SeaTac Public Works release baby salmon into Des Moines Creek

(SeaTac Public Works)

SeaTac Public Works released salmon, raised by the city, into the wild at Des Moines Creek Saturday. 

This is the third year in a row that the city has raised salmon and released them into the wild. According to a press release from SeaTac Public Works, salmon populations have decreased in recent years. Local hatcheries have been trying to help keep the fish populations stable by raising their own salmon eggs and releasing them into creeks in the Puget Sound.

(SeaTac Public Works)

At 11:00 a.m. on Saturday, SeaTac elected officials and Public Works staff hosted an event at the Des Moines Creek Trail for the public to help count the salmon and release them into the stream. 

On Jan. 14, the city of SeaTac picked up Coho salmon eggs from the Soos Creek Hatchery and brought them to their tank at the SeaTac Community Center. 

In Jan. 2021, Washington Gov. Jay Inslee proposed investing $187 million in salmon recovery as part of his 2022 budget and policy proposals.

Inslee’s proposed investments in salmon recovery include $123 million in new protections for salmon riparian habitat along the banks of rivers and streams and more than $16 million for water quality and temperature improvements.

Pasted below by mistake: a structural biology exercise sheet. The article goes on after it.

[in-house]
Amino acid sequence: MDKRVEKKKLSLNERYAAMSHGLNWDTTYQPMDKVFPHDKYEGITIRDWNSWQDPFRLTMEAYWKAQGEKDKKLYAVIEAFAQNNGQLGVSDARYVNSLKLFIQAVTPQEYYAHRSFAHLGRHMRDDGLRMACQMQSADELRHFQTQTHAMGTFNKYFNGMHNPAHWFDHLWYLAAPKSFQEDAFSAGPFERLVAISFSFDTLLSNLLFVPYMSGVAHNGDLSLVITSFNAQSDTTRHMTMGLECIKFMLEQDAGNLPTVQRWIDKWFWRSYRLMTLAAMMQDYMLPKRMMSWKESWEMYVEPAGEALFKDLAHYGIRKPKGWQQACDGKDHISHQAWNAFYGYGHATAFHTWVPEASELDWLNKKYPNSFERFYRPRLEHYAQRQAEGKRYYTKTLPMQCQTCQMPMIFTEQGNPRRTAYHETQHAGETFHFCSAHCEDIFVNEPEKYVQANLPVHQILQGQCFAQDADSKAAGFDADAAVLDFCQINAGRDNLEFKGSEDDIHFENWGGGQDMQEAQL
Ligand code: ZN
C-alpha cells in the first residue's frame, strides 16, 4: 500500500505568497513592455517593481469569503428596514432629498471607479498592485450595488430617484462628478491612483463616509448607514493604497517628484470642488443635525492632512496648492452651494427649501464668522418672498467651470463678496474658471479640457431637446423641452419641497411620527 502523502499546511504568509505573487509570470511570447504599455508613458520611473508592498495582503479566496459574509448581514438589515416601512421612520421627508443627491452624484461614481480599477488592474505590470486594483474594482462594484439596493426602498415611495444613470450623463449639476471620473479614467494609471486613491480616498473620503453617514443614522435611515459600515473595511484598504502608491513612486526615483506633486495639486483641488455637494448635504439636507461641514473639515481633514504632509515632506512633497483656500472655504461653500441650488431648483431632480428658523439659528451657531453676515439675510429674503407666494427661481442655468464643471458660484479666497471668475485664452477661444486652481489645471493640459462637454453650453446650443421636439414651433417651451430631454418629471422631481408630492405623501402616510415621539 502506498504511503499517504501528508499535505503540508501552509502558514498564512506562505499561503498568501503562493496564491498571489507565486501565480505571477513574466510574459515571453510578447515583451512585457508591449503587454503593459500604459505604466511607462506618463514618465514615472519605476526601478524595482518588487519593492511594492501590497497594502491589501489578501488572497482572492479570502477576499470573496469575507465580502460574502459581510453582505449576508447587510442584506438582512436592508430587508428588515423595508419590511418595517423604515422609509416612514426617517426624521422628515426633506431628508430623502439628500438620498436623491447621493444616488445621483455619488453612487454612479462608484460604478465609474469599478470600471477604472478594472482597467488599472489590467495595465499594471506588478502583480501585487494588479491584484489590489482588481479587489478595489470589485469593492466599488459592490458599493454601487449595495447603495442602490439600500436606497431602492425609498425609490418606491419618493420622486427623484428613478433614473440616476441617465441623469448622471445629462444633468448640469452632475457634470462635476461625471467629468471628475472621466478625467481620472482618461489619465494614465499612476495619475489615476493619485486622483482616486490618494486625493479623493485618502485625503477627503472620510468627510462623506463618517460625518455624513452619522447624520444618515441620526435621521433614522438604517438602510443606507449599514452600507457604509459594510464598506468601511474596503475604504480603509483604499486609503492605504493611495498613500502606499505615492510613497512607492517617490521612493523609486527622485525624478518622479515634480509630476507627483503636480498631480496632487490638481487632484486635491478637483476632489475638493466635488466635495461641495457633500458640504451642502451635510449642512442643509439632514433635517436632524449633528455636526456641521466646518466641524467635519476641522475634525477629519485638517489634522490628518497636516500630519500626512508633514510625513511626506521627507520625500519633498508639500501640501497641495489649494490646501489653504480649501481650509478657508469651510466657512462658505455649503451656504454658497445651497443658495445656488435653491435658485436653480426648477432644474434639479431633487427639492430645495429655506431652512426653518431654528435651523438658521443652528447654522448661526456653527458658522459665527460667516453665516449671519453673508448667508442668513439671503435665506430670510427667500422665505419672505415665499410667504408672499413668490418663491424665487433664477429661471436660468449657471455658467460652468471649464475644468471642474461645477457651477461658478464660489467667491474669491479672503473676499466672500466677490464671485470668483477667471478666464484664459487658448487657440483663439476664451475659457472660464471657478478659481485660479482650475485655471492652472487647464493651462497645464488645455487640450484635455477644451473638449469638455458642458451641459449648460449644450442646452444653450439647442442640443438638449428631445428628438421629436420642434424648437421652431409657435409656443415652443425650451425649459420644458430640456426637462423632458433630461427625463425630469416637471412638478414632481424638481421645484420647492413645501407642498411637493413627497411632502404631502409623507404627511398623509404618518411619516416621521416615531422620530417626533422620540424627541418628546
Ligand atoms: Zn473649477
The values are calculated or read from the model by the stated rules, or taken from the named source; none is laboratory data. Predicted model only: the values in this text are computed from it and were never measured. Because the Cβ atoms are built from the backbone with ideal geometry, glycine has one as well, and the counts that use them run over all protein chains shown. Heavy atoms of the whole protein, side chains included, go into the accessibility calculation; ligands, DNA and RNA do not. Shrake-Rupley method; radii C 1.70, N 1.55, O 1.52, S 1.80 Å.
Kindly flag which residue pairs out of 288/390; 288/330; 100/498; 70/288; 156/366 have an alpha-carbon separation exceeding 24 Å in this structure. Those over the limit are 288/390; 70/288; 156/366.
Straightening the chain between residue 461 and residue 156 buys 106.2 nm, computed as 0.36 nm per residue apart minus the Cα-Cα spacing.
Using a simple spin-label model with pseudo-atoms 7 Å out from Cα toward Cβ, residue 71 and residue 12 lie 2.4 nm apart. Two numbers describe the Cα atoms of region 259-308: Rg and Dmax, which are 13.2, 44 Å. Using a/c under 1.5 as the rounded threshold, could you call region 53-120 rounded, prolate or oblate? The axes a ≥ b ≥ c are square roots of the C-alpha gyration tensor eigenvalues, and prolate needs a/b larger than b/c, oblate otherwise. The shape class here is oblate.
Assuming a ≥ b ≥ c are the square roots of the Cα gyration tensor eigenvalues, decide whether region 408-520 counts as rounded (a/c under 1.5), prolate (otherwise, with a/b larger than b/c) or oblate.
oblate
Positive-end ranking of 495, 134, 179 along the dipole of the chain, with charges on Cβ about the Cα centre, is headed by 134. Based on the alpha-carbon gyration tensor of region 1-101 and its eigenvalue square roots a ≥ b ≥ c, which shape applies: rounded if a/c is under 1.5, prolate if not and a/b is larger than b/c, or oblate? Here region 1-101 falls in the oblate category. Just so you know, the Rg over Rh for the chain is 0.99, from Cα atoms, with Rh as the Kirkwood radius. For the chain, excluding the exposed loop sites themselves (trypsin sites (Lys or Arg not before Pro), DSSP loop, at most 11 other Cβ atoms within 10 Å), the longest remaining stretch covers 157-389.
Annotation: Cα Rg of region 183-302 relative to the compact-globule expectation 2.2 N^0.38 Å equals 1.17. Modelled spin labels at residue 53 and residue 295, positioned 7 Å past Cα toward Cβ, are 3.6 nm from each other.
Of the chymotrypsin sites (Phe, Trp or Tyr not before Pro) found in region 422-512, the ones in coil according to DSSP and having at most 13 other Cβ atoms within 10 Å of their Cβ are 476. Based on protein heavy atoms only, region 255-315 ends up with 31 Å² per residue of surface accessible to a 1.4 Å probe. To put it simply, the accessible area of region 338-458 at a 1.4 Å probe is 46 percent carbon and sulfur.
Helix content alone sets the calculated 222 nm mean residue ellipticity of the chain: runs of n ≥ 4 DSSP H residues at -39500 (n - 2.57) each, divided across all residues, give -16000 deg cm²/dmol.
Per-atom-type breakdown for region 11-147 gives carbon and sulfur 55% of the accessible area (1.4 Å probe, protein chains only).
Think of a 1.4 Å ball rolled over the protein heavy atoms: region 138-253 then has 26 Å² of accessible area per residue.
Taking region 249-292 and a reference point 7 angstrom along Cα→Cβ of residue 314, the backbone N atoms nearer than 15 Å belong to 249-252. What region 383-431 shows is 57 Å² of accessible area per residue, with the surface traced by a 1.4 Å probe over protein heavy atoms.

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The Skokomish estuary was a far cry from its natural self in 2007, when the Skokomish Tribe began work to return the land to its natural use. More than a decade later, roads, culverts and dams have been removed, and salmon habitat is returning.

He also wants to invest $5 million in green infrastructure grants for projects that store water during high flows and release it during low flows, as well as $6.5 million to improve science and monitoring.

Some of the specifics of Inslee’s plan include removing more fish passage barriers, such as culverts, and reintroducing salmon to their historic habitat above areas blocked by barriers such as dams and bridges.

The plan also includes goals to integrate salmon recovery with hatchery and hydropower operations.

Salmon populations are struggling. Over 70% of endangered or threatened salmon and steelhead trout populations are "not keeping pace" with recovery goals or are "in crisis," according to the 2020 State of Salmon in Watersheds report. Salmon are losing more habitat than they are gaining, Inslee said.

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